Nepali Times
State Of The State
The future of the past


'Wonder' was the oft-repeated word at the signing ceremony of the Comprehensive Peace Agreement on Tuesday evening. Everyone seemed surprised. Prime Minister Girija Prasad Koirala claimed he had stunned the international community with a peace deal with former-terrorists. Maoist chairman Pushpa Kamal Dahal boasted that his was the miraculous deed-achieving change with continuity in a stagnant society and sterile polity.

Koirala has reasons to be smug. His earlier premiership was sabotaged by the Maoists, now he's put them in their place. The octogenarian had also been at the receiving end of UML barbs, but Madhab Nepal had to accept a peripheral role in what promises to be a path-breaking deal. The NC boss has never been a favourite of the Nepal Army. At the signing ceremony, Chief of Army Staff Rukmangat Katuwal humbly sat at the back as the decade-old civil war was declared over. The Nepali Congress had reasons to celebrate on Wednesday.

But ground realities have to change significantly if the rest of us are to feel free again.

Dahal thinks the deal he has made with Koirala is a 'miracle'. Communists never tire of repeating Lenin's clich? that Marxism is a scientific ideology with no room for miracles. Two parts hydrogen and one part oxygen never produce milk. So should we swallow the Chairman's concoction? It will do no harm, but let there be no illusions that it's milk and honey from here on.

The first test will be changing in the behaviour of guerrilla commanders in the countryside. Most never had direct access to their leadership and accepted directives issued from safe houses in Siliguri, Lucknow, and Noida because Prachanda and his sponsors promised more than individual commanders could achieve on their own. Now Maoist nominees in the interim legislature and government will have to deliver, as their secretaries in the districts face the wrath of sympathisers, supporters, followers, part-timers, and full-time cadres. Comrade Chairman's organisational ability will need to kick into high gear.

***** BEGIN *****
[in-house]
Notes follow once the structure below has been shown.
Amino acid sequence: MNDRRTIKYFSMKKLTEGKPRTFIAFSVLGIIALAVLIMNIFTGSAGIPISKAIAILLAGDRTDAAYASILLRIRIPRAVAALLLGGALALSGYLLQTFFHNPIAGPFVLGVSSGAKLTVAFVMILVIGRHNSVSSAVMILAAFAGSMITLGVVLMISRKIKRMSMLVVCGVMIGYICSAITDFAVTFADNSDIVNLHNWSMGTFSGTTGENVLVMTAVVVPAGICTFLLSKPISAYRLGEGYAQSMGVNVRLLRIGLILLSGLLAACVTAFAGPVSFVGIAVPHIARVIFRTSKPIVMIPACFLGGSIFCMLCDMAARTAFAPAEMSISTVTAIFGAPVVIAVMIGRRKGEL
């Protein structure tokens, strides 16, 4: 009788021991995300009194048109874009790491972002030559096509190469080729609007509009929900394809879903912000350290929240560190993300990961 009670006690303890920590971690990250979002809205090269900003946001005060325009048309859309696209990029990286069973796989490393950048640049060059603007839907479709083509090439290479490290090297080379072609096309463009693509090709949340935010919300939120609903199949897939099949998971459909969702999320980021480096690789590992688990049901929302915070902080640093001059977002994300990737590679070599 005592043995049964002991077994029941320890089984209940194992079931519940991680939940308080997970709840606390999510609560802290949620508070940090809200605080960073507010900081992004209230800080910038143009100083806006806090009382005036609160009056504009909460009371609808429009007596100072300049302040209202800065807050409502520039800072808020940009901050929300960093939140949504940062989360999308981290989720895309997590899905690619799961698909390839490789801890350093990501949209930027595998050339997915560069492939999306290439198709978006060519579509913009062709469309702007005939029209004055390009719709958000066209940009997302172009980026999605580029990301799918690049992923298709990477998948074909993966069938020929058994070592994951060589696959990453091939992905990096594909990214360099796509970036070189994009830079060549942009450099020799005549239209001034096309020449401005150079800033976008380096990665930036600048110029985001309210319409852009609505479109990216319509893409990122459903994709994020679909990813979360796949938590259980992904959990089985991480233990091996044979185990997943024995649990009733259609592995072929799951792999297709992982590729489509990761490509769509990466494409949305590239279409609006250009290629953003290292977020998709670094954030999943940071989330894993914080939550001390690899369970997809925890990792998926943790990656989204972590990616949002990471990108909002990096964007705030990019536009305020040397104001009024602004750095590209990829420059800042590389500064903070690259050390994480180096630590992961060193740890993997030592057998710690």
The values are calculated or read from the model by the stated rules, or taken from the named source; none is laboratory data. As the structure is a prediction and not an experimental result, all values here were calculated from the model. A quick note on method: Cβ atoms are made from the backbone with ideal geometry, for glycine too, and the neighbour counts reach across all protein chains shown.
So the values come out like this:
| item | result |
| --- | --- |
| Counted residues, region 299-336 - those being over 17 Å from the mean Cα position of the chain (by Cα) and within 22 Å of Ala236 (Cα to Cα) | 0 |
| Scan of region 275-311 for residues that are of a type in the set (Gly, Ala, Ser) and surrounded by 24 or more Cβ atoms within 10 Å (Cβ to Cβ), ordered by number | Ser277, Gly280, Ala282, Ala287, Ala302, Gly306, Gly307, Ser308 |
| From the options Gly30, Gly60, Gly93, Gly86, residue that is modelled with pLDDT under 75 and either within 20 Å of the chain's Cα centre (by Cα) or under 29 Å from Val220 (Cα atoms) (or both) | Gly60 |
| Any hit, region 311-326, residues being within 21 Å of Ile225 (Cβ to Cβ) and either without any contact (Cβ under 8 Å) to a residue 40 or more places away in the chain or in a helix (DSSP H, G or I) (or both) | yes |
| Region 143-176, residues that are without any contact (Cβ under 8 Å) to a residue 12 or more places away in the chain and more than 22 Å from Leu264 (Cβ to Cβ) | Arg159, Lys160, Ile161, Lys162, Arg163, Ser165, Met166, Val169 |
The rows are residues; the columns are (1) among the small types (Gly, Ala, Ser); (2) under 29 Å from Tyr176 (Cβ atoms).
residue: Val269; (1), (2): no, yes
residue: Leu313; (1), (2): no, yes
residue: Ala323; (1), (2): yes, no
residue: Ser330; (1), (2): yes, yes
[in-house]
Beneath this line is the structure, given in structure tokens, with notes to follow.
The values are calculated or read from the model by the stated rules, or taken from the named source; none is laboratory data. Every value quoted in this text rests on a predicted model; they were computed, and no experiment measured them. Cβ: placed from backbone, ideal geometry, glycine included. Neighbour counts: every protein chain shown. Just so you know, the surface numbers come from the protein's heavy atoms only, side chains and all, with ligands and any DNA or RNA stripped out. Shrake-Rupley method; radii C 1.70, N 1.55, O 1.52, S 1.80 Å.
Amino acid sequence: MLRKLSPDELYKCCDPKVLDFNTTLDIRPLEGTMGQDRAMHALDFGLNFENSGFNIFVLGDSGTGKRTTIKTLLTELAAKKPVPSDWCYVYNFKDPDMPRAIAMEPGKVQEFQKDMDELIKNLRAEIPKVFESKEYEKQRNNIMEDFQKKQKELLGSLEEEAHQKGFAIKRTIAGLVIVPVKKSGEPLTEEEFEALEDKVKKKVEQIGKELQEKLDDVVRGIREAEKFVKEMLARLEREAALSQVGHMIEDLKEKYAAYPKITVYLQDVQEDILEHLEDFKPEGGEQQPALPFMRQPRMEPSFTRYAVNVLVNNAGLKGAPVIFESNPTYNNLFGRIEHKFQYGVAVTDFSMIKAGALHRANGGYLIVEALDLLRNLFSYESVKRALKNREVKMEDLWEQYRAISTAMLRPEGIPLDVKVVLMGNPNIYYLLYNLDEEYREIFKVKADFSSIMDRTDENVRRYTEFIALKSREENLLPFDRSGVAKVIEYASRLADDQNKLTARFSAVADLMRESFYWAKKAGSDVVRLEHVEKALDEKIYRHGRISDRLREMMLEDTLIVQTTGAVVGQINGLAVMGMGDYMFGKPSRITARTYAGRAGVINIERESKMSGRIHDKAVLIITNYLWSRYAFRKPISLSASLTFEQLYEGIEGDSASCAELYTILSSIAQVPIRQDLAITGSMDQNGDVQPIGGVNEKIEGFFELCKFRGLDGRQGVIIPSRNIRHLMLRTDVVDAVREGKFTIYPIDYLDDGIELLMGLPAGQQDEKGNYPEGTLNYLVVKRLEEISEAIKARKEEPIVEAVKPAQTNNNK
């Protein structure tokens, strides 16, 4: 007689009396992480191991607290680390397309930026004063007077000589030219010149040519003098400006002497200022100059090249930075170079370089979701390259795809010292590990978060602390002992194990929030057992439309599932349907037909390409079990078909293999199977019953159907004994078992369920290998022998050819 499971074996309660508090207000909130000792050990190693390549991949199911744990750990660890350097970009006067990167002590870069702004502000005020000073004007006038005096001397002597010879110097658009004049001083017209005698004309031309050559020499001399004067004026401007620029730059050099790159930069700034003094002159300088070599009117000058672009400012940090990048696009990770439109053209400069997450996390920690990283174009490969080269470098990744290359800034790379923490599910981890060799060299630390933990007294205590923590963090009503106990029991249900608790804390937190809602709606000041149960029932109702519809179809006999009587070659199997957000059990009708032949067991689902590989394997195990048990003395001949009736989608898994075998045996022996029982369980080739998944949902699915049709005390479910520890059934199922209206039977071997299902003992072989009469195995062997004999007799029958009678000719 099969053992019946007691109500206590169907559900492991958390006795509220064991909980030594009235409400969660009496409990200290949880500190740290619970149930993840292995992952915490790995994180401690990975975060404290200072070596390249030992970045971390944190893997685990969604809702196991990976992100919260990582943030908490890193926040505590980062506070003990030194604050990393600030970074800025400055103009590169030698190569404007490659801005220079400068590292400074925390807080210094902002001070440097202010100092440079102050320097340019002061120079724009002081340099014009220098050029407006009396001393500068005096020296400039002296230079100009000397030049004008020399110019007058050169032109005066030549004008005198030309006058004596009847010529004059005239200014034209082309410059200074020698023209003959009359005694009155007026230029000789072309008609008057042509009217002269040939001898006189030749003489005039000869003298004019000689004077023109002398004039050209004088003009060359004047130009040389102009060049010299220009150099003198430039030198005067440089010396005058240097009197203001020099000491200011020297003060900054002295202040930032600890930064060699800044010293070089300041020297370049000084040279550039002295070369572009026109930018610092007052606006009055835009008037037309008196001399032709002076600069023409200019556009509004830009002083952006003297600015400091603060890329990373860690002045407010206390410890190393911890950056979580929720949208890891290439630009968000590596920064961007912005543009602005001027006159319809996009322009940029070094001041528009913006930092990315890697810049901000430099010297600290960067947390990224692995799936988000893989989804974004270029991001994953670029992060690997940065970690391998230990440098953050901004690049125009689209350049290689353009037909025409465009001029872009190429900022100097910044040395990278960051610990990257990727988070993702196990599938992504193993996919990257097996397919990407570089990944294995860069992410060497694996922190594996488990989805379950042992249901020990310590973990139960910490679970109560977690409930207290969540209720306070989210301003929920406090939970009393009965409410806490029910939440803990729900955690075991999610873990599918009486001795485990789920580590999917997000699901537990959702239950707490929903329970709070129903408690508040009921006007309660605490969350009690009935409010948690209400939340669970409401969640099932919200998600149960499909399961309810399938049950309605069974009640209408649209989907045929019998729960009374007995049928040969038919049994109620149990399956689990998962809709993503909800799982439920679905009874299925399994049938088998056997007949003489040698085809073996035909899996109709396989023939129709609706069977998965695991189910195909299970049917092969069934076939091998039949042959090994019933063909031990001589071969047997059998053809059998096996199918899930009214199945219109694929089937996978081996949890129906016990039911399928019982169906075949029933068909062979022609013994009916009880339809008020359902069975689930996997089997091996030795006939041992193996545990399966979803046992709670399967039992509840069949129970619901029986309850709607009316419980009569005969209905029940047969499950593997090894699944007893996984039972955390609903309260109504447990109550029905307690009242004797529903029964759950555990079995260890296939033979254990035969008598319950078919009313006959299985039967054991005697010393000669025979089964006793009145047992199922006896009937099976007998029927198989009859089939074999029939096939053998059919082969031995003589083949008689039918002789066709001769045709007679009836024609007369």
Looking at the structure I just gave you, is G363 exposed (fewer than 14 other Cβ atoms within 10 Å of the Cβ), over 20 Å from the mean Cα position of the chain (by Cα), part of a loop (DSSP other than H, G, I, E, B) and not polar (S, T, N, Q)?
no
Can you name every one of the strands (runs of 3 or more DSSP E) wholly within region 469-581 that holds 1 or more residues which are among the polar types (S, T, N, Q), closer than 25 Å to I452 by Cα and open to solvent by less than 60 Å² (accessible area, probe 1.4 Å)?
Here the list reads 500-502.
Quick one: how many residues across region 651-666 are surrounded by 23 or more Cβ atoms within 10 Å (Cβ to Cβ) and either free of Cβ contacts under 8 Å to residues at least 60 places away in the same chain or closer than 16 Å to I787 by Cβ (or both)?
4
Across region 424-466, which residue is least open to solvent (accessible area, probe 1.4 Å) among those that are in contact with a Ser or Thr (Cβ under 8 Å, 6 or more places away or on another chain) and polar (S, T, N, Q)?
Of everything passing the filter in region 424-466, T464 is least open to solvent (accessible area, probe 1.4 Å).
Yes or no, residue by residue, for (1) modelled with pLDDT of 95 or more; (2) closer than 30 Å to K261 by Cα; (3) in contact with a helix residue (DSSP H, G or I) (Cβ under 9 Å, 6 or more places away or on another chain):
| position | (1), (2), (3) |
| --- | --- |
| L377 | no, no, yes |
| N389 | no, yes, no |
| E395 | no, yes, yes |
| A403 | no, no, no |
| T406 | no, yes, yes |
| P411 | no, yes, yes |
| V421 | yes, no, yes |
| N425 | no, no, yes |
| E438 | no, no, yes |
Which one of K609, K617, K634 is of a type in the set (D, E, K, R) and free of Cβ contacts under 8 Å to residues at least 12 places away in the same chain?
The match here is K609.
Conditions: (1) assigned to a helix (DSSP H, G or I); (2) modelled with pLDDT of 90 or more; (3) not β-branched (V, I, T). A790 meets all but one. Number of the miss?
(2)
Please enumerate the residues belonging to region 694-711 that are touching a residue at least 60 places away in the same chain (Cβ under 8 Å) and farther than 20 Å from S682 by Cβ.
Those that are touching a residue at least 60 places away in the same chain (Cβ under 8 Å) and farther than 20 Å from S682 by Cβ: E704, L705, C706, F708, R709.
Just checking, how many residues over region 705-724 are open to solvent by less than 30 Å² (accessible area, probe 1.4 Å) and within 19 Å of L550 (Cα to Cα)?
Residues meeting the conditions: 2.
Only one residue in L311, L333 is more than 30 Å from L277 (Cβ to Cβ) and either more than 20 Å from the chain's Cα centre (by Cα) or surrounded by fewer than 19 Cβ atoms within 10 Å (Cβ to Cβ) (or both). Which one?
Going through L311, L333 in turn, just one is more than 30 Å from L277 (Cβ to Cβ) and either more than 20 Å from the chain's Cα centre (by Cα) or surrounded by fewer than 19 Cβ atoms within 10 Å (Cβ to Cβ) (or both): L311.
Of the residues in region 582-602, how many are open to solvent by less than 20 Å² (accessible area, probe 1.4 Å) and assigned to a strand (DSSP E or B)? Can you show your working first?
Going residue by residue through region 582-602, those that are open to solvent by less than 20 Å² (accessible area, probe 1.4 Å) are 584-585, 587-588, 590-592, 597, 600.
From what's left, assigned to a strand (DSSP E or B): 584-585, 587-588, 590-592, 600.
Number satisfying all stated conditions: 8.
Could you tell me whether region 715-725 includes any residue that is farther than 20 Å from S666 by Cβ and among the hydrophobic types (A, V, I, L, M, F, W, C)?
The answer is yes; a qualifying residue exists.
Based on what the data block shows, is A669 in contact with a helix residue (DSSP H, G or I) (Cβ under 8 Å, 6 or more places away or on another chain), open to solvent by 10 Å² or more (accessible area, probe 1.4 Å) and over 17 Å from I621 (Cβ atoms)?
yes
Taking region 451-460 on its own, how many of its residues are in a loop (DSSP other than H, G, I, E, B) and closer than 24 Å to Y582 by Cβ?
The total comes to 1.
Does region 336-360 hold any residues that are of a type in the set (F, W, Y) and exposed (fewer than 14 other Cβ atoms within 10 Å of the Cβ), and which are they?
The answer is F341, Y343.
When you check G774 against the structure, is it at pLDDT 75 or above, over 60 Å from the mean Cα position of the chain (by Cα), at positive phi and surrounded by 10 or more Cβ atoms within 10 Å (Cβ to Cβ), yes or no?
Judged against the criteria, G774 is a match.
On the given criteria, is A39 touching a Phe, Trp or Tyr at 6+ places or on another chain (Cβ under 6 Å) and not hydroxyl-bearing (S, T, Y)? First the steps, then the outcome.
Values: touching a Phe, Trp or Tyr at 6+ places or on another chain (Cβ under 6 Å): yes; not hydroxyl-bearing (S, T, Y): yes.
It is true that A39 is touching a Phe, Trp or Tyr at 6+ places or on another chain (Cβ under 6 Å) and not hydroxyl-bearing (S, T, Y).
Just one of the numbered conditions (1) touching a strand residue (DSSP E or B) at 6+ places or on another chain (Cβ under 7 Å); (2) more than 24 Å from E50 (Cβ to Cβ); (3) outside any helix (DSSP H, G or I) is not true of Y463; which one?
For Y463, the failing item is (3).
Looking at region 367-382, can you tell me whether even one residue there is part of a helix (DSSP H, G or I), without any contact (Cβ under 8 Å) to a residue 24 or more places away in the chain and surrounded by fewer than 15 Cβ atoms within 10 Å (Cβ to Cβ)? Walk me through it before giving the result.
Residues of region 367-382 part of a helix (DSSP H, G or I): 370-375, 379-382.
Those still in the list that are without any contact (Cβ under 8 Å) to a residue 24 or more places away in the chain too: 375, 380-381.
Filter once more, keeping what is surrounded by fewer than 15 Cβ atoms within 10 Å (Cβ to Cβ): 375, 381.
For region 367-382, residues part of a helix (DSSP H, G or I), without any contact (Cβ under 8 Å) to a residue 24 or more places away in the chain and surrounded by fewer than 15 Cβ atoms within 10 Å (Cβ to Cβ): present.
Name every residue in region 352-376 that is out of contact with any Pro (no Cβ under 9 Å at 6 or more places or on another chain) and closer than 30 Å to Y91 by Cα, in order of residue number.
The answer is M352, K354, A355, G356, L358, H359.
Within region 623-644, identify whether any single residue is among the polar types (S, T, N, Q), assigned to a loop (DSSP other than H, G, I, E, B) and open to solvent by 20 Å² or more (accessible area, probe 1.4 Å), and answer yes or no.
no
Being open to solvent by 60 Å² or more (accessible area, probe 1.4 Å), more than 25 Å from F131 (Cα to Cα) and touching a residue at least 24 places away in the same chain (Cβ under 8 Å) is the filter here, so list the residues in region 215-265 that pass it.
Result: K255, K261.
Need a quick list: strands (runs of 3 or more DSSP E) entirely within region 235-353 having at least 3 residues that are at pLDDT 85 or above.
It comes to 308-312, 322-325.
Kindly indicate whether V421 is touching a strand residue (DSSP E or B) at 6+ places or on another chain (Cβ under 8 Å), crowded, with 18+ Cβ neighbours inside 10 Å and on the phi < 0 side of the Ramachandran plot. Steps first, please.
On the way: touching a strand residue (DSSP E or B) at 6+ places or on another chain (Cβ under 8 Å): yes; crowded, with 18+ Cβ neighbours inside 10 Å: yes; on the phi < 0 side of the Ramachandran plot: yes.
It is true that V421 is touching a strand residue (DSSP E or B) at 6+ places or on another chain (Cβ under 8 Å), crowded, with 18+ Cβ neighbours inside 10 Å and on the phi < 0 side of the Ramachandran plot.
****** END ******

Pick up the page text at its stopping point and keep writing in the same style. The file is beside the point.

The Rayamajhi Commission has diverted attention by pointing at the king as the primary agent of dictatorial experiments. But Maoists and mainstreamers alike will have to answer the vital question: didn't they encourage the king to take over by insisting that they would deal only with the master, rather than his slaves? Sher Bahadur Deuba and Madhab Nepal timidly accepted this by joining the royal government. King Gyanendra has given de facto approval to the peace deal, but his public approval is also a not-so-veiled warning to the dealmakers: beware, big brother in the palace is watching.

The third, most important test of the peace deal will be its implementation. The government will have to guarantee the safety of unarmed Maoist cadres returning home to face those they had until recently coerced, abducted, fleeced, and oppressed. The anger of people whose near and dear have been tortured, maimed, or killed by the military or militants will require more than platitudes. The Nepali Congress is sending its leaders back to the villages, but whether they will actually follow the central directives is yet to be seen. The Maoist leadership will also need to travel, meeting the aggrieved, instead of congregating for free lunches at state-sponsored secure centres.

At best, the peace-deal is an opportunity to begin building the bridges of reconciliation. This is a process, a journey, and its impact will be measured by the distance travelled from the podium of the Birendra International Convention Centre in New Baneswor on 21 November, 2006. Whether it turns out to be a red-letter day or yet another false start will depend largely upon how Dahal and his cohorts conduct themselves in the coming days. For now, the Koirala-Dahal duo deserves the kudos they are receiving left, right, and centre.

(11 JAN 2013 - 17 JAN 2013)